Enquest (LSE: ENQ), the largest independent producer of oil and gas from the North Sea, said its plans to increase its production levels remain on track, despite the fact that its latest interim profits have declined by 11% to $193m.

Although Enquest received a slightly higher price for oil during the period, production from its three core areas declined by nearly 20% to an average of 20,253 barrels of oil equivalent per day (boepd). Part of this decline was expected, with an older well at its Don Fields development winding down, but a 20-day pipe shutdown affected another key unit.

This fall in production looks set to be temporary, however, as Enquest is confident it will hit its production range of 20,000 to 24,000 boepd for the full year, with a number of new wells due to come online during the second half.

Looking further ahead, Enquest still believes it will hit its long-term expansion target of 20% annual growth from 2009 to 2014. In the presentation given alongside its previous set of results, initial guidance of 25,000 to 30,000 boepd was given for 2013, with over 40,000 for 2014.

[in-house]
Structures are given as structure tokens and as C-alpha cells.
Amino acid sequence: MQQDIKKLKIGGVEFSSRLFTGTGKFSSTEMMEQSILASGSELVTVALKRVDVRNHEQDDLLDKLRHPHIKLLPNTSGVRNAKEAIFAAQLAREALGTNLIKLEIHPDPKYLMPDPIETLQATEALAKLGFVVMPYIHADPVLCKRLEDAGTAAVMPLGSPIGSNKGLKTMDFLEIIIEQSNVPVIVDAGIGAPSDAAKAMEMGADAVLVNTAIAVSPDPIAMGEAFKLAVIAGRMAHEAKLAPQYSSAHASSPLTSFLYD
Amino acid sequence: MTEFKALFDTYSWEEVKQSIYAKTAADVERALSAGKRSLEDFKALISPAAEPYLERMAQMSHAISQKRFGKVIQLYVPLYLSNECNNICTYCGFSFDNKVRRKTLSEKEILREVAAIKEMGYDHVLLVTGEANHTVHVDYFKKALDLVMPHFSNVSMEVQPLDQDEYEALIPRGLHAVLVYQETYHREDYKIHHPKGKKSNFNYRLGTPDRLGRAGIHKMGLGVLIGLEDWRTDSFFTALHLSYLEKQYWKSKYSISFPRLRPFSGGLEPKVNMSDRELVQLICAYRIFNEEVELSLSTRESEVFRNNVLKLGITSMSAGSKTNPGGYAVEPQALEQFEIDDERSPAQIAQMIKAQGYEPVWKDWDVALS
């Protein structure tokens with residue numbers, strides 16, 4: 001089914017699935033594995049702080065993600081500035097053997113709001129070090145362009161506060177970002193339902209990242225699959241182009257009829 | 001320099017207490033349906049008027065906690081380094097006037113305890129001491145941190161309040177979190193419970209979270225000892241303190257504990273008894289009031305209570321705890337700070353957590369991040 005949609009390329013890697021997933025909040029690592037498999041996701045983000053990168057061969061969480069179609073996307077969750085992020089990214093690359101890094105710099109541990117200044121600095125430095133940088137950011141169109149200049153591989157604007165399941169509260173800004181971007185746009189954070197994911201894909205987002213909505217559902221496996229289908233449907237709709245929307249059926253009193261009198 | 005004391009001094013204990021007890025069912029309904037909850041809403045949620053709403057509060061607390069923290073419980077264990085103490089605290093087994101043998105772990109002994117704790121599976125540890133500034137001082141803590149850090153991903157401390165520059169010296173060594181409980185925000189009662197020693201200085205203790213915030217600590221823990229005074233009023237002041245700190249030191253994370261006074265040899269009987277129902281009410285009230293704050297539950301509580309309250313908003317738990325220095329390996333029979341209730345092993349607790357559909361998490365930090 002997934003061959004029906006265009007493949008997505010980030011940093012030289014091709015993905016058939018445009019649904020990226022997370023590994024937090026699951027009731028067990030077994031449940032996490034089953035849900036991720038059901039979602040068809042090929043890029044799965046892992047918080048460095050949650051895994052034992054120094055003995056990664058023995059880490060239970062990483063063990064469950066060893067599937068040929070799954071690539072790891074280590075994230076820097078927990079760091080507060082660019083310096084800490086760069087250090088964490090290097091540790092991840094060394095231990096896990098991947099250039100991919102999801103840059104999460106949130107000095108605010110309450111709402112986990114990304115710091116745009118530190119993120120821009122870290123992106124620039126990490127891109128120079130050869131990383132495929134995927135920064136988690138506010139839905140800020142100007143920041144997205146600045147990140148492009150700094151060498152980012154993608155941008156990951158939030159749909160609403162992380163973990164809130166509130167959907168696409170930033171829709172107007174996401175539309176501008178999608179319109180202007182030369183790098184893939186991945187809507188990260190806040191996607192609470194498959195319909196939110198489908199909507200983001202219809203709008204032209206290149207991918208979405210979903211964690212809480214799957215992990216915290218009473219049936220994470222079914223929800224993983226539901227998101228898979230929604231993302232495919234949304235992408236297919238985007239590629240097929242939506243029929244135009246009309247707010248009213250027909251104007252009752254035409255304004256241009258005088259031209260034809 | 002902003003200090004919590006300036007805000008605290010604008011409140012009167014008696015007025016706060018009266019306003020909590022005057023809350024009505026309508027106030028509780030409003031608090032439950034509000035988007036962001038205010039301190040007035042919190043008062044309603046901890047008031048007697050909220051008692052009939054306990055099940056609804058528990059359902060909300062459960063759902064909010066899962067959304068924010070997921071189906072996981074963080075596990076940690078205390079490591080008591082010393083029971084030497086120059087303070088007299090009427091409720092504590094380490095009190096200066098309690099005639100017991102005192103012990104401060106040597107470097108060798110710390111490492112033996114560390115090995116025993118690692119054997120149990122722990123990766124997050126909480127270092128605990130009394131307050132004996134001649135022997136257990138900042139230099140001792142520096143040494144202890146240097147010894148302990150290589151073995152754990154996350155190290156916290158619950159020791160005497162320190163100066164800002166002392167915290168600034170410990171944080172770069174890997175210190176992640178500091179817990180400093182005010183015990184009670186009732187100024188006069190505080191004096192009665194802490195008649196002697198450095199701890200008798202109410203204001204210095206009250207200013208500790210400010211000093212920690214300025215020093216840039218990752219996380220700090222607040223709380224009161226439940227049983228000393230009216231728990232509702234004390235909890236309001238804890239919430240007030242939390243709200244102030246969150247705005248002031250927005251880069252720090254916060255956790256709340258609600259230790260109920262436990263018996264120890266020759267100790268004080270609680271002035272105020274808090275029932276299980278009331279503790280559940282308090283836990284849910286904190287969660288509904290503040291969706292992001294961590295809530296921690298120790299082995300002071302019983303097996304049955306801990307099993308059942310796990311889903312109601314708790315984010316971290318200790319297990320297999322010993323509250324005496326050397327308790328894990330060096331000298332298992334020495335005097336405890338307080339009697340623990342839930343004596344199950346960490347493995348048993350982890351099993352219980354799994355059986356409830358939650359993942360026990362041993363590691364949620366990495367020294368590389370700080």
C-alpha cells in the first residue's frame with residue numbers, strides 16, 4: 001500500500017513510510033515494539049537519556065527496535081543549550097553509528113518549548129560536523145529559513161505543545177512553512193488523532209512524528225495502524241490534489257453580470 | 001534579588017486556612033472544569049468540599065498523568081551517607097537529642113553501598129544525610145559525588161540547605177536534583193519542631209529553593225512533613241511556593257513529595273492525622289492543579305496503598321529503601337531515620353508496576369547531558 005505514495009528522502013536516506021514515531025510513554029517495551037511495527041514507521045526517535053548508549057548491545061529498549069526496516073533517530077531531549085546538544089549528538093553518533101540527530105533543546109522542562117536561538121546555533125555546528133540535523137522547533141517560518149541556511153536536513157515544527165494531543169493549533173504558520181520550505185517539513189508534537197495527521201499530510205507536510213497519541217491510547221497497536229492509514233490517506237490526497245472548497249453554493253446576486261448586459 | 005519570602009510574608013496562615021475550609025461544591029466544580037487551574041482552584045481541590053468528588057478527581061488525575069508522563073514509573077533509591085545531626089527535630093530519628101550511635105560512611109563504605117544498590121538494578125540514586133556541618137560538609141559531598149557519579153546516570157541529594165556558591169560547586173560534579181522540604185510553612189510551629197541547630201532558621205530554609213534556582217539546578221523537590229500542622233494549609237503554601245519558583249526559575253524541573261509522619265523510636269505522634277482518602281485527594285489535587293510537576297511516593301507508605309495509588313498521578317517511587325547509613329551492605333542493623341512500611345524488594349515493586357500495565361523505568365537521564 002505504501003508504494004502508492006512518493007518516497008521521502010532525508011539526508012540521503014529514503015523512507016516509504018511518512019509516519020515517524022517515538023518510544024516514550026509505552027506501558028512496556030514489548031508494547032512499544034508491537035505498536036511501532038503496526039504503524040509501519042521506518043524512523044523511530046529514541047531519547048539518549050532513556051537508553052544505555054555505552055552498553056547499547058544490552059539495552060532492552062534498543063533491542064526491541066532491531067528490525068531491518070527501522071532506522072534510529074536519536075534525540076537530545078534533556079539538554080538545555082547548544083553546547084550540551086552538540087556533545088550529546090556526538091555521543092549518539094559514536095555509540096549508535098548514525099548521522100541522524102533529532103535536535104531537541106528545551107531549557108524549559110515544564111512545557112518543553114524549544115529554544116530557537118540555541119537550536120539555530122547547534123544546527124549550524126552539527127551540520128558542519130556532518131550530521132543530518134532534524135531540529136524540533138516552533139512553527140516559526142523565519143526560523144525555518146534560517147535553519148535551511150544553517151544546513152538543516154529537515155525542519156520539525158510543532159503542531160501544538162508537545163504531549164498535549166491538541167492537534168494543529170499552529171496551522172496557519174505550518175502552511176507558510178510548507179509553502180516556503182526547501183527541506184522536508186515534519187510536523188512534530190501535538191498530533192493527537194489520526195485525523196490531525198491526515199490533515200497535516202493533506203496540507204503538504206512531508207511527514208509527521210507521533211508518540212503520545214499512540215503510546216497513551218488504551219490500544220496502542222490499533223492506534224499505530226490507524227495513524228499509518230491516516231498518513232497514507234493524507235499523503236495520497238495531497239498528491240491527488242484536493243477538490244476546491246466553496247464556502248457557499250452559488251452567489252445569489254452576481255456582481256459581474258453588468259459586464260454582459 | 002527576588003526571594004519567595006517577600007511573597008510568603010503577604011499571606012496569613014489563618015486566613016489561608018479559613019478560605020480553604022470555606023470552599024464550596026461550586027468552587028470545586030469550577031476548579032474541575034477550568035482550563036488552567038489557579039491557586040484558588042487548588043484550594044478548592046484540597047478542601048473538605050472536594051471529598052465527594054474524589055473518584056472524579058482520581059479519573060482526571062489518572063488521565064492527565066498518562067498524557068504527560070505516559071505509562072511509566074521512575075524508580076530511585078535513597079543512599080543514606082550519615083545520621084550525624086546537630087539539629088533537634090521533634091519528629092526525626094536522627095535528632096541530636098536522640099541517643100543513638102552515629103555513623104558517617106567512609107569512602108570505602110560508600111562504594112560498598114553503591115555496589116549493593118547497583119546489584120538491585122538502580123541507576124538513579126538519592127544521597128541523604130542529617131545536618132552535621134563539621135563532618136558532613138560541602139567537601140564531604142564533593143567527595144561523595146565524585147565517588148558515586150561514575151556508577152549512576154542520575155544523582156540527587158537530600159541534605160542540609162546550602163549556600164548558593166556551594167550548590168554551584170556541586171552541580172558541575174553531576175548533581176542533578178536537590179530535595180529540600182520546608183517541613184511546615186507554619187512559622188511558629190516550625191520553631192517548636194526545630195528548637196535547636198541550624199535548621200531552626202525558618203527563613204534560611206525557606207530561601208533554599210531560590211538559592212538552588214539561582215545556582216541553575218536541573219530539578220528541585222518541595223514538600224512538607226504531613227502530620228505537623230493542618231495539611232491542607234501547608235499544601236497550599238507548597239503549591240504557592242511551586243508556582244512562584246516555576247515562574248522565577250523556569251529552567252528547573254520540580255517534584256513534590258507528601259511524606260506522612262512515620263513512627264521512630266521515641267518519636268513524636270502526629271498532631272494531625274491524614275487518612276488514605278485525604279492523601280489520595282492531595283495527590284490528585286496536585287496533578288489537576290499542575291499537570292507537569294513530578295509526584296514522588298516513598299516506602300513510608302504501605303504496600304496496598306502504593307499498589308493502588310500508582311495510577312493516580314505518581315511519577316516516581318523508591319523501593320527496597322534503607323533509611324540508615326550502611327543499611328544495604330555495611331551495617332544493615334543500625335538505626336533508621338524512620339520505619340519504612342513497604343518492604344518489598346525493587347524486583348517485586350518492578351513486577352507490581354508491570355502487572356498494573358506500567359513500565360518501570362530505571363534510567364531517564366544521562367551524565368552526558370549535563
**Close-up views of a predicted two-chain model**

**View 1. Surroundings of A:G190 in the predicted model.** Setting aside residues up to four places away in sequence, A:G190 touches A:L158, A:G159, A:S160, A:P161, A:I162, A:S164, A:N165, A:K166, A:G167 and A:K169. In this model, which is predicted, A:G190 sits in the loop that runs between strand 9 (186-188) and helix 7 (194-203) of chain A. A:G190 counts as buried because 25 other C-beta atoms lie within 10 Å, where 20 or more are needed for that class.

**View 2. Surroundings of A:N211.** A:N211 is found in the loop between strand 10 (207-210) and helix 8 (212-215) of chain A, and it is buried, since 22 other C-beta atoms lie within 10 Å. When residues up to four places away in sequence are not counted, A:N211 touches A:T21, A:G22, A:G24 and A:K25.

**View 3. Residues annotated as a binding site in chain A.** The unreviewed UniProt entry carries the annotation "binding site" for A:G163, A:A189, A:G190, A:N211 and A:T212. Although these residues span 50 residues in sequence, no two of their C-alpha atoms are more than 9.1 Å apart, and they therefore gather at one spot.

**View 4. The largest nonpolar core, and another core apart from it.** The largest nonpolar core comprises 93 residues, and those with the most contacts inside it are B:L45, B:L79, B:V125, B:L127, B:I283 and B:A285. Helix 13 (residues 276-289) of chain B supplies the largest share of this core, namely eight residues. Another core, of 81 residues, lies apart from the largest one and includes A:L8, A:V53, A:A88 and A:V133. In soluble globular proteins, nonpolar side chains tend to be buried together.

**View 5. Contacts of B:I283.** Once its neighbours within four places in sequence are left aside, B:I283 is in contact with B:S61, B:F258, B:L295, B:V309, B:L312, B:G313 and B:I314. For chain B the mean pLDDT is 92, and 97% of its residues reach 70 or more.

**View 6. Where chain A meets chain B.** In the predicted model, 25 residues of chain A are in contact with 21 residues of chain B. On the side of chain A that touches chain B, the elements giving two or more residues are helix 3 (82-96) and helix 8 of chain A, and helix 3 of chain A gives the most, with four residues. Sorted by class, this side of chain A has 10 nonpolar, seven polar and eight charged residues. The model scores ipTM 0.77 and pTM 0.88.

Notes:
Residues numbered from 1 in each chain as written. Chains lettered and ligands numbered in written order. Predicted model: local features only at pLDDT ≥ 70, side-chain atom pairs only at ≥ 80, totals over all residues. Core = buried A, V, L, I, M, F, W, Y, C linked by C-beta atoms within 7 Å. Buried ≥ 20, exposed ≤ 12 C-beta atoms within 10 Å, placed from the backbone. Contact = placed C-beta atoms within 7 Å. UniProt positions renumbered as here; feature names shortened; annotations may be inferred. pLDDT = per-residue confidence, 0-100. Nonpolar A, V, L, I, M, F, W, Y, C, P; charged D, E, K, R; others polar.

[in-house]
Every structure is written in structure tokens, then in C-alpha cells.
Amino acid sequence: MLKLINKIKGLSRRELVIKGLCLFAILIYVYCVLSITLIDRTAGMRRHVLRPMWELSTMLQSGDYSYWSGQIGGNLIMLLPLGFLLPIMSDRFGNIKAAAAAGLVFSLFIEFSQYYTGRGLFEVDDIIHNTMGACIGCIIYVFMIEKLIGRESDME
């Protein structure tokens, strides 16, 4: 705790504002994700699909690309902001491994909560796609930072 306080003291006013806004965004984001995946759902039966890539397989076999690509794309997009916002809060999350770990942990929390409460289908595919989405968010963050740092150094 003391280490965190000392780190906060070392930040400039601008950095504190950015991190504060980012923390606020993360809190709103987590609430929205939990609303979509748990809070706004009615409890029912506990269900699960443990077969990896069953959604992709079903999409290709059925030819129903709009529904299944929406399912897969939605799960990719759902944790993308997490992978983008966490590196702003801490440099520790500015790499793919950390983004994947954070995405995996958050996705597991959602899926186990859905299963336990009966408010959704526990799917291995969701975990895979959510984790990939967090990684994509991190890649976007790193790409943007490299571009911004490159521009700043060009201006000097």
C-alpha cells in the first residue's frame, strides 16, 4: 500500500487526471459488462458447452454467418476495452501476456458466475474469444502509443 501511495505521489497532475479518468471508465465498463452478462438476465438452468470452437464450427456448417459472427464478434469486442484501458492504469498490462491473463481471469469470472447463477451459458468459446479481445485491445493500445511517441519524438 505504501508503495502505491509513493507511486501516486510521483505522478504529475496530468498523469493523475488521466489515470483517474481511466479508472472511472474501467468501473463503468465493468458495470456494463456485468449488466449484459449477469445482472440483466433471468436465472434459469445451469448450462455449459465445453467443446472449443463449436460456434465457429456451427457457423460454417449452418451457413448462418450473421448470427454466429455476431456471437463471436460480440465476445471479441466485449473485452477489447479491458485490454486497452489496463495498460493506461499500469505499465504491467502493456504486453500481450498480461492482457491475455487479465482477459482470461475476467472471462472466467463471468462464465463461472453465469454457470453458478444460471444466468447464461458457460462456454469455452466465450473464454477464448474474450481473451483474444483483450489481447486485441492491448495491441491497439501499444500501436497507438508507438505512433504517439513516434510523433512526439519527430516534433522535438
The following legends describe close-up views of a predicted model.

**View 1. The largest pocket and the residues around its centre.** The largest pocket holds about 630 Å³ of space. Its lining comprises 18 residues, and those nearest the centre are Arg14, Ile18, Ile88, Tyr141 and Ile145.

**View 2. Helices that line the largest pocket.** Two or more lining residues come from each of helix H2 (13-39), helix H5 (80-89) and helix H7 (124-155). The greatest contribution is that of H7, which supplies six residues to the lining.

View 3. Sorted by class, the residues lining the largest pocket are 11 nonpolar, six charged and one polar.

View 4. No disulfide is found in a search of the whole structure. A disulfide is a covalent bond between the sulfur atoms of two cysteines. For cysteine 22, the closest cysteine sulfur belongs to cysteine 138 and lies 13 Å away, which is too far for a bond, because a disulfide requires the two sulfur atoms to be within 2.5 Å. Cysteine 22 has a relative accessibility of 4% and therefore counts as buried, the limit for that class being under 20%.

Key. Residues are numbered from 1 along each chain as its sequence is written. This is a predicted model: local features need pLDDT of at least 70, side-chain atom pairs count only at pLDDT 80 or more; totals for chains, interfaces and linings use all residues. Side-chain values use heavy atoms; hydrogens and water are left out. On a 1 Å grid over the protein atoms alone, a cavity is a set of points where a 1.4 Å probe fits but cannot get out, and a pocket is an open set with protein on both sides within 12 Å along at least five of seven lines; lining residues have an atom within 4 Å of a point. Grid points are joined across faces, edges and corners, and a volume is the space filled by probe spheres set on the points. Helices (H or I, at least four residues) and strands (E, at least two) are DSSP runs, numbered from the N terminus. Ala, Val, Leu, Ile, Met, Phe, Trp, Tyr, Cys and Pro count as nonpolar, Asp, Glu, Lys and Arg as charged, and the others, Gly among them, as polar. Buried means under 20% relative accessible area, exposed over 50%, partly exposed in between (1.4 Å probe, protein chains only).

A new production area, Alma/Galia, is expected to come onstream from the end of next year, while Enquest is also pressing ahead with the Kraken heavy oil discovery, with a target production date of 2015.

All this expansion comes at a cost of course. Enquest’s net cash declined from $266m this time last year to just $93m as at 30 June 2012. Capital expenditure for the first half of the year was a mammoth $500m, but it is expected to be a mere $800m for the full year, following the farm-out of a 35% stake in Alma/Galia to the Kuwait Foreign Petroleum Exploration Company. Enquest also has access to a $900m credit facility, which was agreed just a few months ago.

Enquest shares were little changed today, falling 1% to 115p, which values the company at £920m. Despite all the recent activity at the company, the shares are just above the price at which they joined the market back in April 2010.